By Lisa Johnston
New products on display at the American International Toy Fair, held in N
Sprint PCS and AT&T Wireless have developed new services targeted to the youth market.
Sprint's services include the My Music MP3-file storage service for users of the $399 Samsung Uproar phone, which doubles as an MP3 player. The service, offered free for a year, stores up to 2GB of a user's music on a server operated by Seattle's HitHive, freeing up the user's hard drive.
Users must upload their ripped music to the site from their PC. From the site, users download their music for transfer to the phone, which incorporates 64MB of embedded memory. No removable memory-card option is available.
Sprint bundles ripping and music-management software with the phone, along with stereo headphones that double as a hands-free headphone.
The MyMusic site doesn't stream music wirelessly to the phone, but Sprint said that when 2.5G high-speed data is online, it will at some point offer wireless streaming music (once called radio).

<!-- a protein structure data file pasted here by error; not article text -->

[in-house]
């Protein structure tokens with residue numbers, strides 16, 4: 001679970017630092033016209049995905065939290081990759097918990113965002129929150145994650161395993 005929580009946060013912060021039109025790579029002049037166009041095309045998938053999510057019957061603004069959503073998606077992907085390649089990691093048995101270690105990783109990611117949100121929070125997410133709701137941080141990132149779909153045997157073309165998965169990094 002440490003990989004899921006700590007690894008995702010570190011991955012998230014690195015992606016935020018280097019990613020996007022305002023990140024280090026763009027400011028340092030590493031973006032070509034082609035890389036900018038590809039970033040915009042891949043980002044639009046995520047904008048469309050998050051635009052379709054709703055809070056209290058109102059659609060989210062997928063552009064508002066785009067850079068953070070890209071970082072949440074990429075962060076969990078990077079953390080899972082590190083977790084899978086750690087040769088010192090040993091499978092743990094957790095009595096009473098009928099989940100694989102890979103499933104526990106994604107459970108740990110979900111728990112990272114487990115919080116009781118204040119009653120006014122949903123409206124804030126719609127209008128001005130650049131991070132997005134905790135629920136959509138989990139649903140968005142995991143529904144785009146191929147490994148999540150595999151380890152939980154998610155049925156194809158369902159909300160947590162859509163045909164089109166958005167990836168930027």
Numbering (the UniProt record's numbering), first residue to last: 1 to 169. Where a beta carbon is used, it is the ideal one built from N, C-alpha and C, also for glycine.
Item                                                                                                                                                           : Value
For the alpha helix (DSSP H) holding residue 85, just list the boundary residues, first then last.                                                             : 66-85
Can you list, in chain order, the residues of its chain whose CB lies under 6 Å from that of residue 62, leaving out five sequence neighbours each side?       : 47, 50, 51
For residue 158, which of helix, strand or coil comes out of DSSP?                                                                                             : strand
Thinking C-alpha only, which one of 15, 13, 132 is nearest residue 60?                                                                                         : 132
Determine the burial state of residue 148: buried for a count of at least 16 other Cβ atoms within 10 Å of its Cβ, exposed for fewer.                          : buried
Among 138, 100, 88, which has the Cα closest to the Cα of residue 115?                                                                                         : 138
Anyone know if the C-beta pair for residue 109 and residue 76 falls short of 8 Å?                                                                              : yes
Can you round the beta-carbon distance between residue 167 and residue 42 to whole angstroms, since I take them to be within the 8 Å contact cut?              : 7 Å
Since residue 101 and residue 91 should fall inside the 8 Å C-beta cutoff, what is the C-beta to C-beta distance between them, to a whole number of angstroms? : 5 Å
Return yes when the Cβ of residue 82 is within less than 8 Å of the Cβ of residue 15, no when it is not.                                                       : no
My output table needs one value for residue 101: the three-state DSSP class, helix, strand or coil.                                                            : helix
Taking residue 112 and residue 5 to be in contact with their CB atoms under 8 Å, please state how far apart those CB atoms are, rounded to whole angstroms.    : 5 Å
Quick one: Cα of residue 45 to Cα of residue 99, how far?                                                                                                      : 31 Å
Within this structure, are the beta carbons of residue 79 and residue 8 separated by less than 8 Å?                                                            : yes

Other Sprint youth initiatives launched in recent weeks include an interactive wireless game service offering 27 games. Game software is stored on a Sprint server and accessed by a WAP phone.
Other services include online wireless chat rooms and a Wireless Allowance pricing plan that lets parents control phone use by their children. The parent pays a monthly flat fee of $34.99 billed to their credit card.
Sprint has begun to educate retailers about the initiative, a spokeswoman said. The carrier will promote the services in its stores and is evaluating the use of POP to give to retailers.
Free AOL instant messaging to all of Sprint's WAP-phone users will also attract youthful subscribers, the company said. Non-AOL members can create a buddy list of AOL subscribers on a Sprint server. Regular AOL subscribers can also access their AOL e-mail from a Sprint phone.
For its part, AT&T is packaging 60 youth-oriented websites on an optional home page that can appear on the user's PocketNet CDPD phones. Access to the sites is free, and because the CDPD phones use packet data technology, usage doesn't count against a subscriber's voice-minute bucket.
This TWICE webinar, hosted by senior editor Alan Wolf, will take a look at what may be the hottest CE products at retail that will be sold during the all-important fourth quarter. Top technologies, market strategies and industry trends will be discussed with industry analysts and executives.